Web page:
200 West 57th Street, Suite 1101
New York, NY 10019
212-810-2828

 

Facts & Figures

Medications

Injectable medications used in the egg freezing process

Which injection medications you’ll probably be using:

  • Gonal-F or Follistim (follicle stimulating hormone), used to stimulate egg production
  • Menopur, a combination hormonal medication (follicle stimulating hormone and luteinizing hormone), also used to stimulate egg production
  • Ganirelix Acetate or Cetrotide, medications used to prevent premature release of the eggs before you’re ready for your egg retrieval procedure
  • Lupron (also known as leuprolide acetate), a type of “trigger” medication used to initiate the final egg maturation before the retrieval and freezing
  • hCG (human chorionic gonadotropin), also sold as Ovidrel or Novarel, an alternative kind of “trigger” medication

What to do about insurance:

Extend Fertility doesn’t accept health insurance. However, if your health plan covers egg freezing services, we’ll provide you with the documentation you’ll need to submit a claim to your insurance company.

Your medications are ordered through a pharmacy, which will bill you separately (Click here for a list of pharmacies that carry egg freezing medications). Follow these steps below to understand if your health insurance plan will cover the medications above.

For everyone:

Contact your insurance company to ask if your specific plan requires prior authorization for certain types of high-cost medications.

If your health plan does require prior authorization, follow the steps outlined in Option A, below. If your plan does not require prior authorization, follow the steps outlined in Option B, below.

Option A: If your plan does require prior authorization

  1. Ask the health plan representative if your specific plan covers elective egg freezing (alternative names your health plan may use: oocyte preservation or cryopreservation).
  2. If your health plan does cover elective egg freezing, that’s great! You have what you need from your health plan. Advise your healthcare team at Extend Fertility and we’ll work on your behalf to secure your prior authorization.
  3. Unfortunately, if your health plan requires prior authorization but does not cover elective egg freezing, your medication costs will not be covered by your insurance.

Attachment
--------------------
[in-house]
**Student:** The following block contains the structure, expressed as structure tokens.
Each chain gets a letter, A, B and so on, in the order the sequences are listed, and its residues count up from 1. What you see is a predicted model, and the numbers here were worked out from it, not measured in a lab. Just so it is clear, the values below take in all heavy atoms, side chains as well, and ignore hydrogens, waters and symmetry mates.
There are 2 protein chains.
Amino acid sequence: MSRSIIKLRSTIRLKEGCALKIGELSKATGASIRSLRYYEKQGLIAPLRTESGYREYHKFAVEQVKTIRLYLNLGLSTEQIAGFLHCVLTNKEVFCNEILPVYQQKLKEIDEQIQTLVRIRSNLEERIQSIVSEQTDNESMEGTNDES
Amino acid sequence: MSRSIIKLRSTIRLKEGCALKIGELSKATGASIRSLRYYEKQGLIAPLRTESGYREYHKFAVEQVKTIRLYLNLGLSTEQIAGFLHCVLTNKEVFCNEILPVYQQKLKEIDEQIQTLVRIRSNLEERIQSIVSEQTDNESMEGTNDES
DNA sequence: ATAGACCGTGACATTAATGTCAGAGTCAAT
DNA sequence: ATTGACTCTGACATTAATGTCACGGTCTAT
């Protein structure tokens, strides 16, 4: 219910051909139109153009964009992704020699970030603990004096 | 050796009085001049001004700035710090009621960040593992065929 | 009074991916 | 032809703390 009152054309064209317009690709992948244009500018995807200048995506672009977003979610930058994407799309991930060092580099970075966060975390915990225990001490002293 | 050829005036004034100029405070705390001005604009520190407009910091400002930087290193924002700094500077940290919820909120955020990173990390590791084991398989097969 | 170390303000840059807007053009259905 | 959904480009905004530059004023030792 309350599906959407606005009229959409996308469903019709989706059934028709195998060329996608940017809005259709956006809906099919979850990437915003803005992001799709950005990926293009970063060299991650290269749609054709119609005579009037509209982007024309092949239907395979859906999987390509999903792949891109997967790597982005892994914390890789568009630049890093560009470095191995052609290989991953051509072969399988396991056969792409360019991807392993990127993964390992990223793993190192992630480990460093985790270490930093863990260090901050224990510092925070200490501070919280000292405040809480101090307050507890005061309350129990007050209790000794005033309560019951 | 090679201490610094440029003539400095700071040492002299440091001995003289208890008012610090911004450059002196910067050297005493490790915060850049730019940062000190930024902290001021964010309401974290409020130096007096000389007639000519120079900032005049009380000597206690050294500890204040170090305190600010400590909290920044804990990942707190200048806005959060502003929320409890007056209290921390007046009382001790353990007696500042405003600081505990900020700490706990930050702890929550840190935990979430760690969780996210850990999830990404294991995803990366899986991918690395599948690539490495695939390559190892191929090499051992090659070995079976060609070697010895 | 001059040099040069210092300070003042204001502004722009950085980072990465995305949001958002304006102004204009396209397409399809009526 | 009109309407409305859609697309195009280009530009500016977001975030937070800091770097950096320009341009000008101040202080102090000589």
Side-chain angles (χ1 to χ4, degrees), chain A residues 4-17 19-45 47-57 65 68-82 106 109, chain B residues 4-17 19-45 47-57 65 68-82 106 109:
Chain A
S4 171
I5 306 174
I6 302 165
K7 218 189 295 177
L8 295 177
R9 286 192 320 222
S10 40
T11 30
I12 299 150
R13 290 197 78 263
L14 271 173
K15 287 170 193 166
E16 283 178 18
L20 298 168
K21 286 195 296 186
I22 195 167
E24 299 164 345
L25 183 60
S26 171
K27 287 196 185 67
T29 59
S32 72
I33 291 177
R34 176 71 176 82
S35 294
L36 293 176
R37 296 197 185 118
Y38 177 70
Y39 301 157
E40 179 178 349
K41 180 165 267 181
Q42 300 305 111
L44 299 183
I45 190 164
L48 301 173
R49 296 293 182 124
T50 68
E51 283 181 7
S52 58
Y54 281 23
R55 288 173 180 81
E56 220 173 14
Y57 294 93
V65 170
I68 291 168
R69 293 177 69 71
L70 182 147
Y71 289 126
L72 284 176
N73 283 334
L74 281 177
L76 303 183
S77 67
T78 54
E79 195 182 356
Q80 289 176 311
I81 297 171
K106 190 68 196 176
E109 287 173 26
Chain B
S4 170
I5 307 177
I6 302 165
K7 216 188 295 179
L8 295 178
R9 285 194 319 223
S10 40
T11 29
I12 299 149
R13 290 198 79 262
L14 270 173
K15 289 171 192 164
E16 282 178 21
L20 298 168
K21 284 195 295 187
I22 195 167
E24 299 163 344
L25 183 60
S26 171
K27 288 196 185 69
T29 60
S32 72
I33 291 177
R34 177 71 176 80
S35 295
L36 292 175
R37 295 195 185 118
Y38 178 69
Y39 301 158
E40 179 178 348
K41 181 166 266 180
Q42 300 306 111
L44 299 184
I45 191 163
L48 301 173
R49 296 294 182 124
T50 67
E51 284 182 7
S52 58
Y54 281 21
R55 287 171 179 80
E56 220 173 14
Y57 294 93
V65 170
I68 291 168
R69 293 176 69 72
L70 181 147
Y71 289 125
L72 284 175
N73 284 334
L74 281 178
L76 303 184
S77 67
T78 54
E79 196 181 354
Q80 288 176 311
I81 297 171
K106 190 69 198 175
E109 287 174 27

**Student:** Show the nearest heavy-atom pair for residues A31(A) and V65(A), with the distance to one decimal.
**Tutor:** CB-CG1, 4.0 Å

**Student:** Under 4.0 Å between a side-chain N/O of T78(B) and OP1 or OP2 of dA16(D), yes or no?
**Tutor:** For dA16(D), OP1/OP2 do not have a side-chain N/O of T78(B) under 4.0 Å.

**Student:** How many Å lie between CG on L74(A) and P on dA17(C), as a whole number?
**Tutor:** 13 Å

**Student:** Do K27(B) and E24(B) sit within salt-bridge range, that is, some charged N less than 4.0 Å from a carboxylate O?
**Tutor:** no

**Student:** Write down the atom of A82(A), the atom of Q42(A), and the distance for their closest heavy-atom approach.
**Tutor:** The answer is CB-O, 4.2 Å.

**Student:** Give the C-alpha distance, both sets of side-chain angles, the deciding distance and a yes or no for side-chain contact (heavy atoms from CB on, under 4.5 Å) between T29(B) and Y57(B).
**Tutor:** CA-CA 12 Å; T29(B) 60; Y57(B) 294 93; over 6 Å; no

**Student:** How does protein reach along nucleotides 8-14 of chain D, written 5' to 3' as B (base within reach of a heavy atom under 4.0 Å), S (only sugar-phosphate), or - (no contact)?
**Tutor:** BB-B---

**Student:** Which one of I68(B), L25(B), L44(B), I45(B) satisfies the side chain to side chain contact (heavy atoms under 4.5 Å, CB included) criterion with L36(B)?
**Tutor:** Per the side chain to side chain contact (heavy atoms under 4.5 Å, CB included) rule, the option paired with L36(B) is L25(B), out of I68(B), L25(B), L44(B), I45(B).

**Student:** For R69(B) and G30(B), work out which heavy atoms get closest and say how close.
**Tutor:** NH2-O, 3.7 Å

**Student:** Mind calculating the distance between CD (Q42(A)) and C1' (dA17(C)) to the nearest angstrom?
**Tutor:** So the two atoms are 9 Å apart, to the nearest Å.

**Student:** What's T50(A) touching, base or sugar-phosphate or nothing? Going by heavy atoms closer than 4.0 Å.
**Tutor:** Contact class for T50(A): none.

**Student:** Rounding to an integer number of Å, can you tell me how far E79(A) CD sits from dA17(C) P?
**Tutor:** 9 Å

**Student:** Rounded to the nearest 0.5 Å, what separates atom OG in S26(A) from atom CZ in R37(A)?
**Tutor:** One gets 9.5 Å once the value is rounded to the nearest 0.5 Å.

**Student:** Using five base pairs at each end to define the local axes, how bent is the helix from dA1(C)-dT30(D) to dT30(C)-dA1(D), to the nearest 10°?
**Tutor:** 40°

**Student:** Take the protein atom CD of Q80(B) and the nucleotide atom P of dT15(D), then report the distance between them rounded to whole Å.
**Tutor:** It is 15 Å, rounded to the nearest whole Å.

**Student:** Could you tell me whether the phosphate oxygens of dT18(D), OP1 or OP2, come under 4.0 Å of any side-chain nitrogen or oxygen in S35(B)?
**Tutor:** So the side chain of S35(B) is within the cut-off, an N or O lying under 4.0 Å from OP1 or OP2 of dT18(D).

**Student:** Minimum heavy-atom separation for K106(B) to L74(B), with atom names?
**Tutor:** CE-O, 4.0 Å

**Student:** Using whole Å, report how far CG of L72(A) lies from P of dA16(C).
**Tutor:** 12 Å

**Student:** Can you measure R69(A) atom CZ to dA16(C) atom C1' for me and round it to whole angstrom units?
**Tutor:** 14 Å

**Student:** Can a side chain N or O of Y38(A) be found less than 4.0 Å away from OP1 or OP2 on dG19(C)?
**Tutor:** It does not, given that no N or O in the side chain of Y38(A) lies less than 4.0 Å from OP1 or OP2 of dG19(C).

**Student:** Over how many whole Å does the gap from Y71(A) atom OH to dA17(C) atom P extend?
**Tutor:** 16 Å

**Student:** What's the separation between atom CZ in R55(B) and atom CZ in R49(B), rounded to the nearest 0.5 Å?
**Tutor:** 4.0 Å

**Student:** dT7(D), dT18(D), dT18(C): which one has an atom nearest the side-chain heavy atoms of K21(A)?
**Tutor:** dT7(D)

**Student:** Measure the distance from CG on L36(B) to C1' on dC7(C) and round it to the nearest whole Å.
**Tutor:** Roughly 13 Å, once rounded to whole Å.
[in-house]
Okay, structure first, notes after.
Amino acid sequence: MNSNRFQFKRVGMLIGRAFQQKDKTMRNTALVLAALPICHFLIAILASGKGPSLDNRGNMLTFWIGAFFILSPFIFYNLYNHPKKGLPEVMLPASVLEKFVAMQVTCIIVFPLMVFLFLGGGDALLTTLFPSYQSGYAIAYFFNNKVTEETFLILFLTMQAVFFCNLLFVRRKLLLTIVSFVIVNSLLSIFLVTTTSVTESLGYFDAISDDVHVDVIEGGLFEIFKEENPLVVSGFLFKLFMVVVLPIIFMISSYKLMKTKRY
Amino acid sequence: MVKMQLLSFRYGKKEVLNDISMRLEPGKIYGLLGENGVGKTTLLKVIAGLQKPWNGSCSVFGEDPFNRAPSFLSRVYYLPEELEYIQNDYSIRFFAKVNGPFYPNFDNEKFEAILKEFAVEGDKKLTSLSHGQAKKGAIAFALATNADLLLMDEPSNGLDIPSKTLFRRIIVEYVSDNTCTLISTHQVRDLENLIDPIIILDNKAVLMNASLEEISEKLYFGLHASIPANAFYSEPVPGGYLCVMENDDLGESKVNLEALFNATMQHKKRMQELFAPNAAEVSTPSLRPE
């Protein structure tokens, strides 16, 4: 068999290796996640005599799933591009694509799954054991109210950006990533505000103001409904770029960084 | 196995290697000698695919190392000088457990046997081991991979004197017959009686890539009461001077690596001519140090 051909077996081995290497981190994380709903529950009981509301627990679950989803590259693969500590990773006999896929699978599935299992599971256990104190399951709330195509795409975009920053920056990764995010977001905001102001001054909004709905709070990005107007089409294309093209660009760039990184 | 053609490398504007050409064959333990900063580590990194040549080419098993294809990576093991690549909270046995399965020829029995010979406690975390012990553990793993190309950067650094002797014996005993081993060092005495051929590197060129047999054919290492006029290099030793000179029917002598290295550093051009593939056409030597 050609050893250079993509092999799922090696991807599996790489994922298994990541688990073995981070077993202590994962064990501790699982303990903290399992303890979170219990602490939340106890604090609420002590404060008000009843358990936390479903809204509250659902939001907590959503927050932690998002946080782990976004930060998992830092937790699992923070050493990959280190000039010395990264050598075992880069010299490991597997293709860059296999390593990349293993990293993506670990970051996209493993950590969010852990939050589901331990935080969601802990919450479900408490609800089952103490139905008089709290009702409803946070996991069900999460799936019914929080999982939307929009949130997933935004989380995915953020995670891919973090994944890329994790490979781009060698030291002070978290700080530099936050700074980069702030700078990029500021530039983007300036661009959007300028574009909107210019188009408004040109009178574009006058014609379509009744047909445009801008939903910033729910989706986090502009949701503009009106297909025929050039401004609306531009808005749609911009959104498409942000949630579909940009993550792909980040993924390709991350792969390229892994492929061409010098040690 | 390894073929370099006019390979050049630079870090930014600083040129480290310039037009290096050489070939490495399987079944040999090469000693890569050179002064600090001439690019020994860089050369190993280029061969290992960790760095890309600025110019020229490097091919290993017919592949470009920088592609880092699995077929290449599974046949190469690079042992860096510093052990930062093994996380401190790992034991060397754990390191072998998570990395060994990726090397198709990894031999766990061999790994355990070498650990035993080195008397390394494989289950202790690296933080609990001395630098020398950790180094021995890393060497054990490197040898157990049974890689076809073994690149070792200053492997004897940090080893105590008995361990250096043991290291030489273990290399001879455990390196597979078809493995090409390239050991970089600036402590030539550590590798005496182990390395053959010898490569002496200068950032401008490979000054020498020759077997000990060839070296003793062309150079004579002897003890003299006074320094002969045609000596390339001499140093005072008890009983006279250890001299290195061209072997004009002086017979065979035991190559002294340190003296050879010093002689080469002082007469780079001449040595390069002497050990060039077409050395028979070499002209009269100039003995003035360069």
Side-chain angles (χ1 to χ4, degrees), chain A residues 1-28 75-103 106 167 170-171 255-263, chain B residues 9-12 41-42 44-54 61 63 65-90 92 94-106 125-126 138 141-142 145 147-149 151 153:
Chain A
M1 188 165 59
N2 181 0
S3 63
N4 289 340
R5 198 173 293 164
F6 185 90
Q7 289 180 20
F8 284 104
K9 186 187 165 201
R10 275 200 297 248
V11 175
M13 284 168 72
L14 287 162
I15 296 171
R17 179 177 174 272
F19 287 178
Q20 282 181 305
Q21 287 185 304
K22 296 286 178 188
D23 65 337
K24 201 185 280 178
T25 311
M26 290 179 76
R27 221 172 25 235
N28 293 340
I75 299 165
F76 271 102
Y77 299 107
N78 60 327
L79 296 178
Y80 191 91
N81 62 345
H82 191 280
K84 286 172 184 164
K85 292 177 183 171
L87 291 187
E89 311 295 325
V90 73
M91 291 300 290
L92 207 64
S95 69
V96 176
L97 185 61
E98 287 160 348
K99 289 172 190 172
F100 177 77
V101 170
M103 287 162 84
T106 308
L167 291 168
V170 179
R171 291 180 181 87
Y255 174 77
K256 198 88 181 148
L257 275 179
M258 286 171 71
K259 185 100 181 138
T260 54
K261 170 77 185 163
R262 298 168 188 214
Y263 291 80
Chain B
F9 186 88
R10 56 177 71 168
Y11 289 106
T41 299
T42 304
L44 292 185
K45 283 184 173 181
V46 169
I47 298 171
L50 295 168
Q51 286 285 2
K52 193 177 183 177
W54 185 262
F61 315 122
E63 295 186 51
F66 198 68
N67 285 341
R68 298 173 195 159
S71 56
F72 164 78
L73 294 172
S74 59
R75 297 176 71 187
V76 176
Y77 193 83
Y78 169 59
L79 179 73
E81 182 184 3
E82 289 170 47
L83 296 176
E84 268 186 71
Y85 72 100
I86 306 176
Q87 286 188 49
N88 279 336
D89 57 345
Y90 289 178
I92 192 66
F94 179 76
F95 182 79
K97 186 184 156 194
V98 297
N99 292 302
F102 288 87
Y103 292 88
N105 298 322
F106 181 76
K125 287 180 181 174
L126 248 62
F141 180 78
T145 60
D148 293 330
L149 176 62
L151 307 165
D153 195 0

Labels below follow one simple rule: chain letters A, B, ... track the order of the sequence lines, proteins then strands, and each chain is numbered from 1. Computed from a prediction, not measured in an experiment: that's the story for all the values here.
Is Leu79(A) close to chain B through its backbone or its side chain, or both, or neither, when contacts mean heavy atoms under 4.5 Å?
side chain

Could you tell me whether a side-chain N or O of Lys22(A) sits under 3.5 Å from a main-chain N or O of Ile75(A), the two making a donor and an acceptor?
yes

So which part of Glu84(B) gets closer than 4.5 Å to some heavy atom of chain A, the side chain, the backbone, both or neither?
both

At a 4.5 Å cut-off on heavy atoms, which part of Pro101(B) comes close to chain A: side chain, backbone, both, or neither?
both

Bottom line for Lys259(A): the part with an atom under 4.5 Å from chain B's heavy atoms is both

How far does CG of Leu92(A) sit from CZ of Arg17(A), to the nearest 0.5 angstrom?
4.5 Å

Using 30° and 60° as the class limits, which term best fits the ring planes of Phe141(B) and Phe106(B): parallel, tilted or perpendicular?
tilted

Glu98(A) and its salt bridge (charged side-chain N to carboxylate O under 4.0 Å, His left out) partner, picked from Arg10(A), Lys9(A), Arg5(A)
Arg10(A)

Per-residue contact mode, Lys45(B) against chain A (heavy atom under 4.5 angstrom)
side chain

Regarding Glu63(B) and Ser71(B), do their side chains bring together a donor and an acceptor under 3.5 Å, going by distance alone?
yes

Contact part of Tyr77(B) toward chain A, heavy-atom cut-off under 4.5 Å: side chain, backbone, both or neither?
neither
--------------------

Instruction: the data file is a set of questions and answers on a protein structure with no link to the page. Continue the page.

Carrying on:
Option B: If your plan does NOT require prior authorization

  1. Ask the health plan representative to check if the list of medications above is covered by your plan. If all or some of them are covered, ask your health plan representative if there’s a specific pharmacy you will need to use to order the medications. Then, share that information with us.

Once you have obtained that information, contact our healthcare team at .(JavaScript must be enabled to view this email address) so we may assist you in properly ordering your medication. And if you have any questions, or any difficulty navigating this issue, please let us know. We’ll do everything we can to help.


FAQs

We understand you might have a lot of questions. That’s a good thing! We’ve collected a few of the most frequently asked questions for reference here, but if there’s something we haven’t covered, the healthcare team is just a phone call away.

See the FAQs.

Studies Say

Cryopreservation, fertility preservation, and egg freezing have been researched by physicians and other experts for decades. This list includes some of the most enlightening and important studies published in the field of reproductive medicine.

See the studies.

Glossary

We try to keep things simple, but sometimes, we have to use medical lingo to be as accurate as possible. This glossary is here as a reference, just in case we ever use a phrase that’s not familiar to you.

See the glossary.

Forms & Resources

Current and prospective patients can find paperwork and resources for medication, insurance, and more here.

See forms & resources.

Fertility Statistics by Age

If you’ve heard it once, you’ve heard it a thousand times—age is the most important factor in fertility. But what does that really mean?

Learn more.


×